Robert Cecil was a well-known anti-Catholic propagandist. His father, William, had performed a similar function for Elizabeth I. Leanda de Lisle, author of the book After Elizabeth: How James King of Scots Won the Crown of England in 1603, says that the Cecils "provoked conspiracies and were involved in a particular propaganda line against Catholics from the 1550s".
Did Robert Cecil tell the conspirators they would be immune from execution? Was he the source of the letter to Lord Monteagle?
Dr Nicholls is sceptical: "If this was a fashioned plot, it was extraordinarily ham-fisted."
He argues that those who would charge shadowy state forces with malicious intent ignore a central truth - that the revelation of the plot was "hugely embarrassing".
James had promised to leave Catholics alone, provided they practised in private and affirmed their loyalty to the Crown publicly.
The fact that a group of Catholics had conspired to kill the king - and a goodly portion of the country's senior political leadership - was hardly the advertisement for the unity of the new joint kingdom that its monarch desired.
Nor did the fact that they almost succeeded inspire confidence. Would a government inside-job have wanted to display the vulnerability of the king?
And far from seeking to immediately repress the Catholic population, in proroguing Parliament on the 9 November James - with calculated magnanimity - told his nobles to go back to their lands and reassure the people that it was a minority of Catholics who were responsible.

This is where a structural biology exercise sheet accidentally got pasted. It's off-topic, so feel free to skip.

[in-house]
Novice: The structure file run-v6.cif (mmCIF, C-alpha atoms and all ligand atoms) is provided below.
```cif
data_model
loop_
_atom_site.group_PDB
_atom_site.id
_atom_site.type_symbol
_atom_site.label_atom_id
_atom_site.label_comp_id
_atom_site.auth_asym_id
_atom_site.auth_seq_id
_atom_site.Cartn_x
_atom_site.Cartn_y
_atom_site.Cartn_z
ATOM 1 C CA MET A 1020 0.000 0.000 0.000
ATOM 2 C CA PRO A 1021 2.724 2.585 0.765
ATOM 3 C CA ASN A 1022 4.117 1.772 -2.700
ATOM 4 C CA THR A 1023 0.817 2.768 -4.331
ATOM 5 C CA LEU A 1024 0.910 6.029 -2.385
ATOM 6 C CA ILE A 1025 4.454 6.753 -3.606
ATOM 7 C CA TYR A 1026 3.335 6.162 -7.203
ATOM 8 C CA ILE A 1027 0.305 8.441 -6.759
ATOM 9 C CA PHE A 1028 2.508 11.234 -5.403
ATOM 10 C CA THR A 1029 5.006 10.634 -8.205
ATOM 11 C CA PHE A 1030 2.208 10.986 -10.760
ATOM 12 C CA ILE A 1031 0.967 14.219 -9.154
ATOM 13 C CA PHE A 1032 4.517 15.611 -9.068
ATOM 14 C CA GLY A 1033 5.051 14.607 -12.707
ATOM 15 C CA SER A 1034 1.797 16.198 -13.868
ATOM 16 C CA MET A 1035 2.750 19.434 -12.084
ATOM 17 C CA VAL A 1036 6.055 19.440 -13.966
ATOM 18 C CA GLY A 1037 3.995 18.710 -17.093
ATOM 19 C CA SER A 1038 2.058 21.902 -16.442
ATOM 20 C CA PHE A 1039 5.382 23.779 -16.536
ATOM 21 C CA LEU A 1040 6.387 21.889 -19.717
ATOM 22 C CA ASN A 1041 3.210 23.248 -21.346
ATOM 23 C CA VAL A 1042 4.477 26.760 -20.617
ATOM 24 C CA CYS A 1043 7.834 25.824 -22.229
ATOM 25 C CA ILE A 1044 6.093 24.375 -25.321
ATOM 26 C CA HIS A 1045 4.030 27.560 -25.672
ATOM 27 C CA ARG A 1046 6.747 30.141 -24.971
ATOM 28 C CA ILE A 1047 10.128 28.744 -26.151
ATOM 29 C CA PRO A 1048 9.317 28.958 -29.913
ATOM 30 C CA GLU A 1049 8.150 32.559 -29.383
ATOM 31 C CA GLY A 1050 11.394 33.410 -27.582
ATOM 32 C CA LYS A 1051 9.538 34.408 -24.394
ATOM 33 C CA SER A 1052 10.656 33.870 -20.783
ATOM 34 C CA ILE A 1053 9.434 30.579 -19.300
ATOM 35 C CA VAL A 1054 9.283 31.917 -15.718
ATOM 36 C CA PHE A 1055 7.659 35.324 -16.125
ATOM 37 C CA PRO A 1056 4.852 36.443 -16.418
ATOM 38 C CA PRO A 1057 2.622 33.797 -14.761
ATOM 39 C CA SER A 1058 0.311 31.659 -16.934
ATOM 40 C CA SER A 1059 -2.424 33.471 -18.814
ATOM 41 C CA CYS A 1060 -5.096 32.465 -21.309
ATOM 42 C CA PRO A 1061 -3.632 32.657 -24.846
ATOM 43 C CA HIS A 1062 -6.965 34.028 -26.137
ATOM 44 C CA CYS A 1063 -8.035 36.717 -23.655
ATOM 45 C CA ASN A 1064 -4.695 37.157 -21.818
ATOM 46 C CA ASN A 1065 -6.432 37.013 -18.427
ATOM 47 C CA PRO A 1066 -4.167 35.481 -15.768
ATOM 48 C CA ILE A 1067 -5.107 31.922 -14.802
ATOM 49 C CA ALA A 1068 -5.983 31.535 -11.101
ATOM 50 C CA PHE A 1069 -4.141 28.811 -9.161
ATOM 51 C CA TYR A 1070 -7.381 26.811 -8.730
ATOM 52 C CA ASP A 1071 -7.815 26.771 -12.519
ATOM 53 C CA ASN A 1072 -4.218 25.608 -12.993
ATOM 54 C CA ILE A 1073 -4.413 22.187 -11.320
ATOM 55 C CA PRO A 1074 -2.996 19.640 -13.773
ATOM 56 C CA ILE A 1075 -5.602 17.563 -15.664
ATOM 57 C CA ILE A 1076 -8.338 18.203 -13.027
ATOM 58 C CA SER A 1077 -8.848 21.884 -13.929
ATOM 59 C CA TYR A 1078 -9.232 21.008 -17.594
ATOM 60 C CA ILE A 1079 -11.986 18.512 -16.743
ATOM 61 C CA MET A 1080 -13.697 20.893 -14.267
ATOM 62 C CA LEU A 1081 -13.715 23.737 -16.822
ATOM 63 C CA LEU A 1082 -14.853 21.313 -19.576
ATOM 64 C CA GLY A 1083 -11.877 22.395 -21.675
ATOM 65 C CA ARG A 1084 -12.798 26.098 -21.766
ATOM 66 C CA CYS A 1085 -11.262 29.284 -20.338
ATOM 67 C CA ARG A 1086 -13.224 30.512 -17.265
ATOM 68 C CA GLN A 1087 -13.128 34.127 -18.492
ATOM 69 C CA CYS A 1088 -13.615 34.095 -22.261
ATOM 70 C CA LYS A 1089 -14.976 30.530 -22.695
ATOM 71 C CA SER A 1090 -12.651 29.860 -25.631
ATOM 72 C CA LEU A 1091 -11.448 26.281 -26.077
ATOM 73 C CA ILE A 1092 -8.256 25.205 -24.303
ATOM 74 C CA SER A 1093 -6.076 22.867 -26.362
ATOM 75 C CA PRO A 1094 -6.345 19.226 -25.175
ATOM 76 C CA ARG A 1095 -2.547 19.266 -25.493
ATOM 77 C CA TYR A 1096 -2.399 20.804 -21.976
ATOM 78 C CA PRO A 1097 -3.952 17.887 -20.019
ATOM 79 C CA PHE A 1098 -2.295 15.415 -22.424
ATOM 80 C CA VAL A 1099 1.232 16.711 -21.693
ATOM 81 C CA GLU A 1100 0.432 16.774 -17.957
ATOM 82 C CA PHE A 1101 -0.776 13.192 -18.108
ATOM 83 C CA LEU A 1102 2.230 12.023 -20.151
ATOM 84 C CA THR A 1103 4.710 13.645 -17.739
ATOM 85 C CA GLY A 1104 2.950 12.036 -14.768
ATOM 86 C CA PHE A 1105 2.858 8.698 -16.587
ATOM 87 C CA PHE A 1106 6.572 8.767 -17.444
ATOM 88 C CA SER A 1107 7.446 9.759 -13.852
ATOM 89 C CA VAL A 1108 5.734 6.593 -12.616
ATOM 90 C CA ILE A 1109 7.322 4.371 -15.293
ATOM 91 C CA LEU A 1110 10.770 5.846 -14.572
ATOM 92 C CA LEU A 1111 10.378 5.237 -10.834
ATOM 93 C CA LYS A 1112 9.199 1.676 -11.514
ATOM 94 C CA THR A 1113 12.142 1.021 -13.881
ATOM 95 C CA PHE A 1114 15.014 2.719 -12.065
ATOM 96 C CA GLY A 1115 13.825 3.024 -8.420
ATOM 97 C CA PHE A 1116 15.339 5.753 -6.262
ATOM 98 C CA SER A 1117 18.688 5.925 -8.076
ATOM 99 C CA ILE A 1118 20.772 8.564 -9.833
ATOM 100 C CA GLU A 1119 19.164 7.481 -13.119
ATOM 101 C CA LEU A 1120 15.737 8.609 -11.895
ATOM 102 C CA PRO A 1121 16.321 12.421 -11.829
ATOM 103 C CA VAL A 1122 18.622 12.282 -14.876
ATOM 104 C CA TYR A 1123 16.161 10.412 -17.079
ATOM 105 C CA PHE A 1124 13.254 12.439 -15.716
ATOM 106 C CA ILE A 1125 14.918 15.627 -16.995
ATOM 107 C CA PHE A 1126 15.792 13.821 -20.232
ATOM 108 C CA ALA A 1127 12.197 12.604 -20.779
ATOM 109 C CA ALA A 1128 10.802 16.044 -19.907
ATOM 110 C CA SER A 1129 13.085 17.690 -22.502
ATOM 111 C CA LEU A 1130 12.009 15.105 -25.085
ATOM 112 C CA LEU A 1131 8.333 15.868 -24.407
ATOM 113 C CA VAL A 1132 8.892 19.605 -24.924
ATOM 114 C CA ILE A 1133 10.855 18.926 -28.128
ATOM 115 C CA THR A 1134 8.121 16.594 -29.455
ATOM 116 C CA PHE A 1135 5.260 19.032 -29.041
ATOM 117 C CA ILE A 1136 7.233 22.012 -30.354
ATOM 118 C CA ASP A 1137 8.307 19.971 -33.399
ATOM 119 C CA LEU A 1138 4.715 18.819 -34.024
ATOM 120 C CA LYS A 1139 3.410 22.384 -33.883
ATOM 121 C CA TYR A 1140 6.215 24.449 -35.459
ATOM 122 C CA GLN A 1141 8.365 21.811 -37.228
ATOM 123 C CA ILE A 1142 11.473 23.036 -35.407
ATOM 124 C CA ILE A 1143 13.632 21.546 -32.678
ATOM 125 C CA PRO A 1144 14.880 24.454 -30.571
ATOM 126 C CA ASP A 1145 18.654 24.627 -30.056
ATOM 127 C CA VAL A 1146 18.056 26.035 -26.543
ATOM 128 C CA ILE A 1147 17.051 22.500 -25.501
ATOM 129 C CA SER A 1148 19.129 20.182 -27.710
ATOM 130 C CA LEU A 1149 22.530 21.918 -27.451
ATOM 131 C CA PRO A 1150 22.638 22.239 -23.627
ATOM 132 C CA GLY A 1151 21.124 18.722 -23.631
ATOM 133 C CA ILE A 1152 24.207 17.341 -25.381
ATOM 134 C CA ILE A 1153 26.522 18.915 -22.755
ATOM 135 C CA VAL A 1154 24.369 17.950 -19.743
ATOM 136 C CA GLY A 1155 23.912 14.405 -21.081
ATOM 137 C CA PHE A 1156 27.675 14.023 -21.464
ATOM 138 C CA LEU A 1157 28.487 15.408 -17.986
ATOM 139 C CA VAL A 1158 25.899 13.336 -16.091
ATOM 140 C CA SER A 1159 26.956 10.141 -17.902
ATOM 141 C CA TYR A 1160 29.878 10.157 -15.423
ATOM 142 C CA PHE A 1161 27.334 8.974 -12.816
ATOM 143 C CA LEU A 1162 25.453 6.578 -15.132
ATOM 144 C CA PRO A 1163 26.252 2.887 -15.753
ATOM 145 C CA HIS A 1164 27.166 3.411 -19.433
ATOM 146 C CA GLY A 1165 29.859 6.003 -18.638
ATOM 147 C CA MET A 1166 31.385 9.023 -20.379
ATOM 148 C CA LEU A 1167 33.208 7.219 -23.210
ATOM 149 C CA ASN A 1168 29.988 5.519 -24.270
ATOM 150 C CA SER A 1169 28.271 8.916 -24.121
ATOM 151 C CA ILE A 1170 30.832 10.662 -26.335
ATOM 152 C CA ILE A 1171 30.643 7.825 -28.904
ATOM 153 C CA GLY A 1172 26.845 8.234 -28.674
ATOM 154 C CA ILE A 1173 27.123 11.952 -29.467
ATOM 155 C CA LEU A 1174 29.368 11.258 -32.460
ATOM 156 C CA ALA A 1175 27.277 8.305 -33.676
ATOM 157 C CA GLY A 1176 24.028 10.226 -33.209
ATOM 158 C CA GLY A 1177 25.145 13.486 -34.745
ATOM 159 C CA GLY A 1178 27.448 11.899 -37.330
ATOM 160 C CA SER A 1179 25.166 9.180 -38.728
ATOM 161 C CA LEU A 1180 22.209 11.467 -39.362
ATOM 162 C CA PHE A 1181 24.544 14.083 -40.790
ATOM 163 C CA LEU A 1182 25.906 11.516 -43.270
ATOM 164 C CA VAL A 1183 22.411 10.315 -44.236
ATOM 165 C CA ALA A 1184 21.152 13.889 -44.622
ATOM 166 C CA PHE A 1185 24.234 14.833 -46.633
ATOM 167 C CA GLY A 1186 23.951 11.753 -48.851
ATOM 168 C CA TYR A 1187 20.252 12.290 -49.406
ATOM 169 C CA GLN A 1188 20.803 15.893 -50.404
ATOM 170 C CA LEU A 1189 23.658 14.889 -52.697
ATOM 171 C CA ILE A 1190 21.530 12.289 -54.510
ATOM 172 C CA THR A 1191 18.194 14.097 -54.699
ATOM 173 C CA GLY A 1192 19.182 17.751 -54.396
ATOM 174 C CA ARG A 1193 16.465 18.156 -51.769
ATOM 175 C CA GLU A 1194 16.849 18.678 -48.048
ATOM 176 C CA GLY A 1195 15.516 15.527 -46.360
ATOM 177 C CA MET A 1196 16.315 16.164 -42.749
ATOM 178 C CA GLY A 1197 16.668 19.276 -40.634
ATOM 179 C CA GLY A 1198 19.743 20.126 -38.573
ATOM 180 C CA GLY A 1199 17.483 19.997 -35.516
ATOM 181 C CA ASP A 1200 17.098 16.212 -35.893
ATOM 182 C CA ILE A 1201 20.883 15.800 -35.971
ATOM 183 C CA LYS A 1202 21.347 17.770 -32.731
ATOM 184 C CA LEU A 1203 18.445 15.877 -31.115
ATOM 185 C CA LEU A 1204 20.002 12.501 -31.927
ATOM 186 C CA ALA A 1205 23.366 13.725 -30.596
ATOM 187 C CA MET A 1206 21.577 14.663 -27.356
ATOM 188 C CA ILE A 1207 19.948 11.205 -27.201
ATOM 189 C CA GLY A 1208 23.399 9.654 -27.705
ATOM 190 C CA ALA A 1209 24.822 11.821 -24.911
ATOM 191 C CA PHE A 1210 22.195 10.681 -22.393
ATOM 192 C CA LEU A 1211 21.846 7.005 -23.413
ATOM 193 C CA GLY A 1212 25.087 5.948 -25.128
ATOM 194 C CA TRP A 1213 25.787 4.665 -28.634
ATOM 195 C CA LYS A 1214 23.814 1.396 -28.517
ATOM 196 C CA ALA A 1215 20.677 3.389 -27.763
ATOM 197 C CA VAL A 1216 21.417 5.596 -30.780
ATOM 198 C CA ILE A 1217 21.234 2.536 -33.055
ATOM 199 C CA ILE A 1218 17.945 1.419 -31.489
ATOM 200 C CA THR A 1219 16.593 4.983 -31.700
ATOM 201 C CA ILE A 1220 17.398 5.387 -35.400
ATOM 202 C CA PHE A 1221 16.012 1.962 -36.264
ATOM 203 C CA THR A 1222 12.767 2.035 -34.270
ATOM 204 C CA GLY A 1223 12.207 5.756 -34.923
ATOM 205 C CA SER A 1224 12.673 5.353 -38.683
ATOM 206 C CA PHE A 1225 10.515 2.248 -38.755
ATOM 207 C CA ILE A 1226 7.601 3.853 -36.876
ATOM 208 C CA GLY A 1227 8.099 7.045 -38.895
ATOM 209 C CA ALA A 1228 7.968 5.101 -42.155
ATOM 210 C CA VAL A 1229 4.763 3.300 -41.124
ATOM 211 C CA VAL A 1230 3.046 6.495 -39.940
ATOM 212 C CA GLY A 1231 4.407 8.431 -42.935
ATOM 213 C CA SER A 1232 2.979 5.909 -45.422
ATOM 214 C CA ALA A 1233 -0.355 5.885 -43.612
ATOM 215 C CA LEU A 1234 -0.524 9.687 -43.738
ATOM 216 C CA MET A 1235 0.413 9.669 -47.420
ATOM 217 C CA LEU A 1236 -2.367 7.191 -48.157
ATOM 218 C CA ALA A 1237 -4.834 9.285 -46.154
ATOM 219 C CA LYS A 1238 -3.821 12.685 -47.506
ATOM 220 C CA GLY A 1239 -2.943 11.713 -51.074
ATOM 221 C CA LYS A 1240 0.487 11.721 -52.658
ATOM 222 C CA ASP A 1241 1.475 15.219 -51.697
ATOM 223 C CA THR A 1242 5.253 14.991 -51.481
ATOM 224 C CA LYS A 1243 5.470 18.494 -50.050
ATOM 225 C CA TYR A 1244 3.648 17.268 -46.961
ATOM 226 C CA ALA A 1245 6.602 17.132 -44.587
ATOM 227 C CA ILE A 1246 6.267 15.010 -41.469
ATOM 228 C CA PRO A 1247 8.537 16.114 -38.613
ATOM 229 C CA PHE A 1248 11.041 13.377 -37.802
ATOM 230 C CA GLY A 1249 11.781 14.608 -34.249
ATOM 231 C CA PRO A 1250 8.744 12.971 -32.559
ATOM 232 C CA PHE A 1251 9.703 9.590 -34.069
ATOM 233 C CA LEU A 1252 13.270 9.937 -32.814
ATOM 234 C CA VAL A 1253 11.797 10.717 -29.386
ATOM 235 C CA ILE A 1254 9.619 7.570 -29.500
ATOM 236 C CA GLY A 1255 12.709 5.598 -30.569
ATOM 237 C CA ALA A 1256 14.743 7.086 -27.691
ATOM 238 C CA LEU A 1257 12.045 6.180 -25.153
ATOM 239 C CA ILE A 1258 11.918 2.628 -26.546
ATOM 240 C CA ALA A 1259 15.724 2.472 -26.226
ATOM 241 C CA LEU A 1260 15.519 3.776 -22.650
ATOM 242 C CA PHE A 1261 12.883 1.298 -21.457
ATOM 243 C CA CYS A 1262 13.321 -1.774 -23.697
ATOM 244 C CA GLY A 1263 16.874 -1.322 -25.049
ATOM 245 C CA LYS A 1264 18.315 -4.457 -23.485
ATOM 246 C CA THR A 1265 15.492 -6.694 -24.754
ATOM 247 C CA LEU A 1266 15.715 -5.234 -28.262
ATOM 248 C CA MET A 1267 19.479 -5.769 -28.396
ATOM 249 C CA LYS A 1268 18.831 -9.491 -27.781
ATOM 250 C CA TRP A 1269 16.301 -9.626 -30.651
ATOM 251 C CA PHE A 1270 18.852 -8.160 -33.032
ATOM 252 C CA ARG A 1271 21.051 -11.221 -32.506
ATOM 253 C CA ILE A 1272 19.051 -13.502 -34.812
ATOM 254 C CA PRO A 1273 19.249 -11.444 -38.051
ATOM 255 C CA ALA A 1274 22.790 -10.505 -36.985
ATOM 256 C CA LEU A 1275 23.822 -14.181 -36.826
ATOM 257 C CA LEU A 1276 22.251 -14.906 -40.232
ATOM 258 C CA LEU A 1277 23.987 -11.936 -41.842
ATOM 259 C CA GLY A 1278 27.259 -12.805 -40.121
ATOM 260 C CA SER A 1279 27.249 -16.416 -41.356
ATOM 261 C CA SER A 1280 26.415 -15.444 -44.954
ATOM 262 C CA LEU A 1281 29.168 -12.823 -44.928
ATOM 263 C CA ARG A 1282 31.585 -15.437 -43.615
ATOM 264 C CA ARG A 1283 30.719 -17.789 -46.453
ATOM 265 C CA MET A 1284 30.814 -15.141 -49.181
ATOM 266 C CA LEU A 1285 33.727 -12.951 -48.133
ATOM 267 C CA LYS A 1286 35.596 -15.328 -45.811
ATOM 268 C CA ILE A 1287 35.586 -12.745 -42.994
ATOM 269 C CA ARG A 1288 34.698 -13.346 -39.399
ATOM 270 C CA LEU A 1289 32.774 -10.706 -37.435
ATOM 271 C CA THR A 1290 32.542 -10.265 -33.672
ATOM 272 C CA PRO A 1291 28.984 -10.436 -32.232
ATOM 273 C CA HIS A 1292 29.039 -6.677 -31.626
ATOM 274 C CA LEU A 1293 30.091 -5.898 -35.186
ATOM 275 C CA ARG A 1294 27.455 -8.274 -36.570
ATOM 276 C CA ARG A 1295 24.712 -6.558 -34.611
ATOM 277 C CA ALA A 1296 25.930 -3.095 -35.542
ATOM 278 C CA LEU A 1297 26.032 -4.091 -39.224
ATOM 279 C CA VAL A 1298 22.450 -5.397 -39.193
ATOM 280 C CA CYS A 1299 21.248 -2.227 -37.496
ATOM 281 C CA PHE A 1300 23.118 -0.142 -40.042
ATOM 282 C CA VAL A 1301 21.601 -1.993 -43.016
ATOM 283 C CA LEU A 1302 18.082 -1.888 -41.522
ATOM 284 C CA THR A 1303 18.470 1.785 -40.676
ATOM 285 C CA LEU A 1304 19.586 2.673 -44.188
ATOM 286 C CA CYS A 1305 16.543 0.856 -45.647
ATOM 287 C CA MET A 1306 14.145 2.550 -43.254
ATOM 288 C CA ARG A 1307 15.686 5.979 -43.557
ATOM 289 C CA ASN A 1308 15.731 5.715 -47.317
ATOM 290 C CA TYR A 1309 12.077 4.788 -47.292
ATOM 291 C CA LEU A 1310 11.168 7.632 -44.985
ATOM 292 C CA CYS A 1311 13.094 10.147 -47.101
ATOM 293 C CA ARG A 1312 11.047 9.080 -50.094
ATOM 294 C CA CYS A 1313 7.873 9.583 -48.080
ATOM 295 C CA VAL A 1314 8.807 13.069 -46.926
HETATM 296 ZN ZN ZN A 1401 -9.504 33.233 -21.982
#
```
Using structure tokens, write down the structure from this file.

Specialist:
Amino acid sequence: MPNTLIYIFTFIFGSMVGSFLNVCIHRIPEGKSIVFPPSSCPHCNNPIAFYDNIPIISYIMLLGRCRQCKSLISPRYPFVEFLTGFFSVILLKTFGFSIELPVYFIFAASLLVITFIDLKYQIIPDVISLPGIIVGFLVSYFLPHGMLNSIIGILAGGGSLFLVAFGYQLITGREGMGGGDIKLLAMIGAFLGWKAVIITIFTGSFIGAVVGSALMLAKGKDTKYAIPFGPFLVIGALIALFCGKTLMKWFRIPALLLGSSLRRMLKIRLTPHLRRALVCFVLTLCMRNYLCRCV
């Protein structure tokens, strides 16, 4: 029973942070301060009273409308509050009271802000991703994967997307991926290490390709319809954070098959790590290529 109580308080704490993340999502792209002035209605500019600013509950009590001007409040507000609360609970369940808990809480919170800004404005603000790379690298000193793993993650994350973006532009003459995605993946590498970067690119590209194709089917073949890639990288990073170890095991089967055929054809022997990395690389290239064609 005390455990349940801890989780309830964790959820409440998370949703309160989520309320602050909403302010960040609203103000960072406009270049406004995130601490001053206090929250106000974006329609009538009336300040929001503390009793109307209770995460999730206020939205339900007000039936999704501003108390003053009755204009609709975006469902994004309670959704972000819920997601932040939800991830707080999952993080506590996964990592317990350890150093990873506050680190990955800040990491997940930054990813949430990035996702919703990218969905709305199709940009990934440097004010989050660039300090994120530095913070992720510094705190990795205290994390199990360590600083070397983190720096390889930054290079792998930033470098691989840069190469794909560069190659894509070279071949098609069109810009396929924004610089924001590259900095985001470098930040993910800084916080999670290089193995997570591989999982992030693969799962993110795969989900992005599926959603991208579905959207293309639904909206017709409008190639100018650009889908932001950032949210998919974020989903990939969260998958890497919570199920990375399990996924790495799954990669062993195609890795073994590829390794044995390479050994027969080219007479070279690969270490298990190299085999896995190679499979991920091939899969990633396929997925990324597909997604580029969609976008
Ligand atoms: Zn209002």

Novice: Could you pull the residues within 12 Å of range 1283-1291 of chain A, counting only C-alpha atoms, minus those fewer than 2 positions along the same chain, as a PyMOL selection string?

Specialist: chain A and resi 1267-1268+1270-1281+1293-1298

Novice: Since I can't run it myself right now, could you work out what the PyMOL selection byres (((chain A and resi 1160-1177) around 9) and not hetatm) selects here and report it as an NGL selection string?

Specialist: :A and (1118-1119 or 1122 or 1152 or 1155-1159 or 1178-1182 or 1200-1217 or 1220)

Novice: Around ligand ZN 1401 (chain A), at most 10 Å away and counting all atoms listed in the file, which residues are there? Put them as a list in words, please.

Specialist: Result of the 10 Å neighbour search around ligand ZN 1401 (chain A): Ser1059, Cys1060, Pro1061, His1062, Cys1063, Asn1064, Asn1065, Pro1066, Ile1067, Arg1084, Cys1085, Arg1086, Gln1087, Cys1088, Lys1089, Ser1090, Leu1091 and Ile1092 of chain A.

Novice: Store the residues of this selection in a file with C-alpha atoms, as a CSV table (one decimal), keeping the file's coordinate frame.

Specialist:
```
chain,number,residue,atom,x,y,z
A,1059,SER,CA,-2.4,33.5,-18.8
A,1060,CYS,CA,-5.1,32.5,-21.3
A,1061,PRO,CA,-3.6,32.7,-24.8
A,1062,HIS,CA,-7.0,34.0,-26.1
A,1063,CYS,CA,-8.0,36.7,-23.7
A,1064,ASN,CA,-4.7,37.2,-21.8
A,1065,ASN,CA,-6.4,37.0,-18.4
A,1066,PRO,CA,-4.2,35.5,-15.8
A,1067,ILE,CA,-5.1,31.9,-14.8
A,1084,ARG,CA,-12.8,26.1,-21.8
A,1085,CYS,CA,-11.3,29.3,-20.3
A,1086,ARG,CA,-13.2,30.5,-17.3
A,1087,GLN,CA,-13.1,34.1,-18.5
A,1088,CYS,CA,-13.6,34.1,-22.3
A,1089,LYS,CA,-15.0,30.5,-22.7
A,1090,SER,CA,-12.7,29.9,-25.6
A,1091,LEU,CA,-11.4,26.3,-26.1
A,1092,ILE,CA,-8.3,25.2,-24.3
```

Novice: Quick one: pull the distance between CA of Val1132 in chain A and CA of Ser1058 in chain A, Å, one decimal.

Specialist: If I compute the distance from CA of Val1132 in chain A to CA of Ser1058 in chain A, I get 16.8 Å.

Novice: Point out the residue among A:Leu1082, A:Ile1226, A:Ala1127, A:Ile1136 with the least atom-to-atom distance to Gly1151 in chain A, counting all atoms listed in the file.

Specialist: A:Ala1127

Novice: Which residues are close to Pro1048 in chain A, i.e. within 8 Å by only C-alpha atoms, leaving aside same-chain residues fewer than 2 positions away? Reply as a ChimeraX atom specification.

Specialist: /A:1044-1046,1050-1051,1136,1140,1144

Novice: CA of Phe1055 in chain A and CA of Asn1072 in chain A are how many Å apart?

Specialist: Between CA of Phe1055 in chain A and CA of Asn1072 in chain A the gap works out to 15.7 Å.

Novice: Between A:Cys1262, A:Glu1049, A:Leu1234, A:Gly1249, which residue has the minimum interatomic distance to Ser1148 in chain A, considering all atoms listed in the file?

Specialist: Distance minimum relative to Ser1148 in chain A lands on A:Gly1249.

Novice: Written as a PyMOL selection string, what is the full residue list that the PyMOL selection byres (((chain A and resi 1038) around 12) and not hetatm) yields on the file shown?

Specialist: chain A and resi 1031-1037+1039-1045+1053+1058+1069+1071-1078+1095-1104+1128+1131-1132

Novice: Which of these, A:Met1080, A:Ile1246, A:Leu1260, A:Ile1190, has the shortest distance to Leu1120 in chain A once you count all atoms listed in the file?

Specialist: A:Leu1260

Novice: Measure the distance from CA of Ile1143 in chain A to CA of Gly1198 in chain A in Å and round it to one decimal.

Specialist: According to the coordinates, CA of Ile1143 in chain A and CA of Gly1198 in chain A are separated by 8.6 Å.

Where the modern conspiracy theorists go wrong, according to Dr Nicholls, is in their view that English Catholicism in the early 17th-Century was a homogenous group. In fact, it was a "divided, suffering community", most of whom were appalled by the actions of a few gentlemen, and feared being persecuted as a result.
According to Eamon Duffy, emeritus professor of the history of Christianity at the University of Cambridge, the plot "cemented into place what had been a major theme of anti-Catholic propaganda" in the previous decades: namely, that they could not be loyal.
But as a group, English Catholics escaped violent reprisal. Instead, the occasion was turned into the annual celebration of "anti-popery" and Protestant fervour that has lasted - in some form - to the present day.
And the letter to Lord Monteagle? Probably Francis Tresham, the Catholic noble brought into the plot late and uneasy about regicide. Guy Fawkes later told the authorities that Tresham - whom he had never met - had, according to fellow conspirators, been "exceedingly earnest" in previous discussions to warn Monteagle to stay away from Parliament.
What about the logistics? One of the most common arguments for Crown involvement is that only the state possessed gunpowder - especially in the quantities required to blow up a large building.
This myth is "nonsense", says Dr Nicholls. The fact is almost every gentleman in early 17th-Century Britain would have had a stock of gunpowder.
Quite simply, it would have been very easy to acquire the gunpowder - which, although weighing in at almost a tonne, still only took up 36 barrels. It was moved across the river slowly but steadily.